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I'm kinda new to jQuery and I did get the toggle function to work as I needed, but I was wondering if there was a more general-specific approach to handling the target id's with it. I'll give you my code and an example of what I mean.


$(document).ready(function() {


    <li><a id="toggler" class="g" onclick="toggle()">Specializations</a>
    <ul id="toggled">
        <li>[Spec 1]</li>
        <li>[Spec 2]</li>
        <li>[Spec 3]</li></ul></li>
    <li>Playing Styles</li>
    <li>Stats, Gems, Enchants</li>
    <li><a id="toggler" onclick="toggle()">Professions</a>
            <ul id="toggled">

I want the toggle function to work on the submenus by clicking the list item they're originating from. At the moment, this does give me what I want, but it also targets all the toggle functions in the menu at the same time. How can I use a general solution that will target the 'toggler' and immediately 'toggled' pairs? Would using variables in the names help, and if so how? Would putting it in an array be better? I'm not sure how to do this so any help is appreciated. Let me know if I need to give more information.

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IDs should always be unique. –  j08691 Mar 24 '12 at 19:34
I don't know of a way to target classes with js. I know of this: document.getelementbyid. That makes me thing you can only use id's though so that's what I used. I'll look up how to you use classes and change my style accordingly. I know how to use classes and id's correctly between html and css. –  pv2.al1290 Mar 24 '12 at 19:42
Targeting classes in jQuery is as basic as targeting IDs. Instead of ` $('#toggler')` you'd use ` $('.toggler')` when then class is toggler. –  j08691 Mar 24 '12 at 19:53
I actually just figured that out. Thank you for telling me though. After researching, I also found that there's a 'document.getelementbyclass'. Go figure. I had to google it, but yea. –  pv2.al1290 Mar 24 '12 at 20:15

1 Answer 1

up vote 2 down vote accepted

Based on the way that your DOM is structured above my, solution would be the following ->

$(document).ready(function() {

$(this) refers to the element we clicked, next() is a jQuery selector & abstractor, and finally. We literally are saying, "Toggle the next UL with an ID of #toggled"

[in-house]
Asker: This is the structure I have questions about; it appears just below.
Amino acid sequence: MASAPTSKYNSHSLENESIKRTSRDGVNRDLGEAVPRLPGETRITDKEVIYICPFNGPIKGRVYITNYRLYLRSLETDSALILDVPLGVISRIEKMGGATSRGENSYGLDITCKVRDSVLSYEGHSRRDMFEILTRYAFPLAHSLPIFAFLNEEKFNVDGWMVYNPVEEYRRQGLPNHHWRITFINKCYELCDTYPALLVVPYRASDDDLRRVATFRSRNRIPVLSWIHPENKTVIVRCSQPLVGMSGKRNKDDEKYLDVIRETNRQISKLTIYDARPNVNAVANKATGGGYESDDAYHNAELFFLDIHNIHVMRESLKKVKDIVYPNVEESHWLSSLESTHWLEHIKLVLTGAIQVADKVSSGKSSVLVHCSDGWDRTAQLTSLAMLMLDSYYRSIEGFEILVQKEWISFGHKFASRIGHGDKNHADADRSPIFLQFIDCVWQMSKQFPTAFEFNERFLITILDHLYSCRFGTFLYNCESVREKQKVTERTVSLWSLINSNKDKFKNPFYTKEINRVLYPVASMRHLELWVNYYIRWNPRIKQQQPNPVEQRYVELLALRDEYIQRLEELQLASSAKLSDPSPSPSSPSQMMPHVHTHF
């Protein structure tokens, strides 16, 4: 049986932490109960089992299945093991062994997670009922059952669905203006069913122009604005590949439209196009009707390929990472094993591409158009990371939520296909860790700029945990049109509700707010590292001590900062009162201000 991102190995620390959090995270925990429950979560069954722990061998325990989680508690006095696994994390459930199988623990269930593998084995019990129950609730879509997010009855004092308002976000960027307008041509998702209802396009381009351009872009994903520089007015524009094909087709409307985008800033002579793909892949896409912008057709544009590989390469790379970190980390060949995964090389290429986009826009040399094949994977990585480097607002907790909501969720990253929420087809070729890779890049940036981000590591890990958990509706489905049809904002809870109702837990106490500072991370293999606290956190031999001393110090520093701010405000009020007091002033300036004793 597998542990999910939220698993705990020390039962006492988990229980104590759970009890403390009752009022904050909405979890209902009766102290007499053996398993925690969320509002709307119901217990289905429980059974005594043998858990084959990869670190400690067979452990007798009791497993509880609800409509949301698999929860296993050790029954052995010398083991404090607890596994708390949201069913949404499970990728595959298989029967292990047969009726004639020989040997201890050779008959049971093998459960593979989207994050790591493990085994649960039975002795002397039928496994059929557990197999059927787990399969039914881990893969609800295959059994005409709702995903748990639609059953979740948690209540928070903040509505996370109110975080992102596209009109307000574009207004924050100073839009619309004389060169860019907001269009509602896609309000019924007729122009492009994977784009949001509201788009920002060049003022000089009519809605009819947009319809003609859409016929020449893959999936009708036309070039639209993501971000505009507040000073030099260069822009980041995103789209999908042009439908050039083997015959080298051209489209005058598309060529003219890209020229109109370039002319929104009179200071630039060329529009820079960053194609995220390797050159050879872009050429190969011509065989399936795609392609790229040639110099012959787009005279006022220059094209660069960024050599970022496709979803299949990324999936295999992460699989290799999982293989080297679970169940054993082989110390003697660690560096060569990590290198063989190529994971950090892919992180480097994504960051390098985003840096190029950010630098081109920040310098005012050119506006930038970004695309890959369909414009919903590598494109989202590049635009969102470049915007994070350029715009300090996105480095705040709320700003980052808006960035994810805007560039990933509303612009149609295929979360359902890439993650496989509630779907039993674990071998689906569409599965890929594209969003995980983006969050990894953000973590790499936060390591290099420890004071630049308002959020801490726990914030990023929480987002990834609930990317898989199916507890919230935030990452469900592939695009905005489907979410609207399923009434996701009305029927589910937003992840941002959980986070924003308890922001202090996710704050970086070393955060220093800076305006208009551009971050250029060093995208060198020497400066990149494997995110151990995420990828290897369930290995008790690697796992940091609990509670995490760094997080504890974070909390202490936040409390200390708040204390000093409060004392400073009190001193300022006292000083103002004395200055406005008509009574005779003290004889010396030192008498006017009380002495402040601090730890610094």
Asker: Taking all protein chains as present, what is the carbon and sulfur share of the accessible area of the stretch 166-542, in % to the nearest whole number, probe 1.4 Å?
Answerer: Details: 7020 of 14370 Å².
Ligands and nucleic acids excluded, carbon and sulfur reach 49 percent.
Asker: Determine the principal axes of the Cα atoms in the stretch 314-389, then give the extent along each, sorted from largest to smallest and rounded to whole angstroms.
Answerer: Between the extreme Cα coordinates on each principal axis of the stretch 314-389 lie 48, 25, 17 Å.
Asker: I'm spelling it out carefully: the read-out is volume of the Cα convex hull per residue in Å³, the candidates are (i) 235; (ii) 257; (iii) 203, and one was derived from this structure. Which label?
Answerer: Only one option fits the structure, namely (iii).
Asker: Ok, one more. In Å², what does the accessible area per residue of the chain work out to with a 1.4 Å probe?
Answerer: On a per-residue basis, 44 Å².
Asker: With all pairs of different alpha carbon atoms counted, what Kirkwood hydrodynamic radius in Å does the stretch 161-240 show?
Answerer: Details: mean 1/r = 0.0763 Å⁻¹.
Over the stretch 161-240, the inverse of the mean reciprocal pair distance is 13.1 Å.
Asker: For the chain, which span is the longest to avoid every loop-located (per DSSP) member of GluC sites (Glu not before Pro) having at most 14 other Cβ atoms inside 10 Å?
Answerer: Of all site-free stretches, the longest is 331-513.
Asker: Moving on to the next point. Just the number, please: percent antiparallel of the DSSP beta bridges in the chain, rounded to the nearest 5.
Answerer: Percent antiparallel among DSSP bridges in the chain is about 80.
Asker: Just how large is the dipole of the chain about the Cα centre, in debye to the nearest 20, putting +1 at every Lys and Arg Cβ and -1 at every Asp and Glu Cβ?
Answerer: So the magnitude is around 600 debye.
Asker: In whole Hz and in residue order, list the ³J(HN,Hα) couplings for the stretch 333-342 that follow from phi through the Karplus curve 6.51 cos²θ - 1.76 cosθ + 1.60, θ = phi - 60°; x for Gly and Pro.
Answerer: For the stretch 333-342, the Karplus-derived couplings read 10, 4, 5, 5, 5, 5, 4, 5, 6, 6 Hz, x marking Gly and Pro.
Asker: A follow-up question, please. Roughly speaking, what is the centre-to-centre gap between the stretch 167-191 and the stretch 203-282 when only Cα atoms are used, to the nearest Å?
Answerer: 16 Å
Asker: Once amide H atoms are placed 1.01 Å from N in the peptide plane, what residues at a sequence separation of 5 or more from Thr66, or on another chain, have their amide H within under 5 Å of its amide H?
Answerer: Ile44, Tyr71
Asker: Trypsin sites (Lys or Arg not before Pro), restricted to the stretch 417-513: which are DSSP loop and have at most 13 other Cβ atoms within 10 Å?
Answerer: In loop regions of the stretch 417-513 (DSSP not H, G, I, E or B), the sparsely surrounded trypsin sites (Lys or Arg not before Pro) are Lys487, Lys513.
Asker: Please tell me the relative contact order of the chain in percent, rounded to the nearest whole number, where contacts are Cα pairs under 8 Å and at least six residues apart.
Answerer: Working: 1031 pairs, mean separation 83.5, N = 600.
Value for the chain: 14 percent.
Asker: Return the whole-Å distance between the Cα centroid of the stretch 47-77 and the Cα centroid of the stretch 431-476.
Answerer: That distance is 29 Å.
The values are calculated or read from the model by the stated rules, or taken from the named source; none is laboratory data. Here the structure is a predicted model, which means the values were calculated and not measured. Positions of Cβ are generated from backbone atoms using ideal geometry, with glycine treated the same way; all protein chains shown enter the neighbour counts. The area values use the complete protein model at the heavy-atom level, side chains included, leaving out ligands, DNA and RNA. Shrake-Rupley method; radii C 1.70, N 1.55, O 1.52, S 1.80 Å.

I believe what you want is specific portions of the list to open, and not all of the lists. Also, don't use ID's over and over, it's not good practice, change these to classes, now you're good.


Also, i don't know what the 'toggler()' function does onClick, but you should just remove that, as jQuery is handling the eventListener for the click method.

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I thought that with js you're supposed to target elements like this document.getelementbyid. That's why I was using that id. If I'd known you could use a class, I would've. I do use classes and id's correctly otherwise. Thank you for your answer. That's exactly what I was looking for. –  pv2.al1290 Mar 24 '12 at 19:40
in jQuery, we have many methods to traverse the DOM and make our selection. That's one of the larger purposes of the jQuery library, is DOM Traversal and Abstraction. –  Ohgodwhy Mar 24 '12 at 19:42
document.getElementById is just one method, but things getElementsByTagName for example, return a node list, rather then a reference to a particular DOM element. So you would need to handle finding your elements and/or assigning the events a little differently, namely with a loop. However jQuery can make this process much more efficient and cleaner, as exampled above. –  thescientist Mar 24 '12 at 19:43
I think I put the onclick there for extra reassurance. Not sure either. As I said in my post above. I'm new to jQuery. I'm trying to get the hang of it. Not doing so well. I'll keep reading and find a solution. Thank you for you help. –  pv2.al1290 Mar 24 '12 at 19:49

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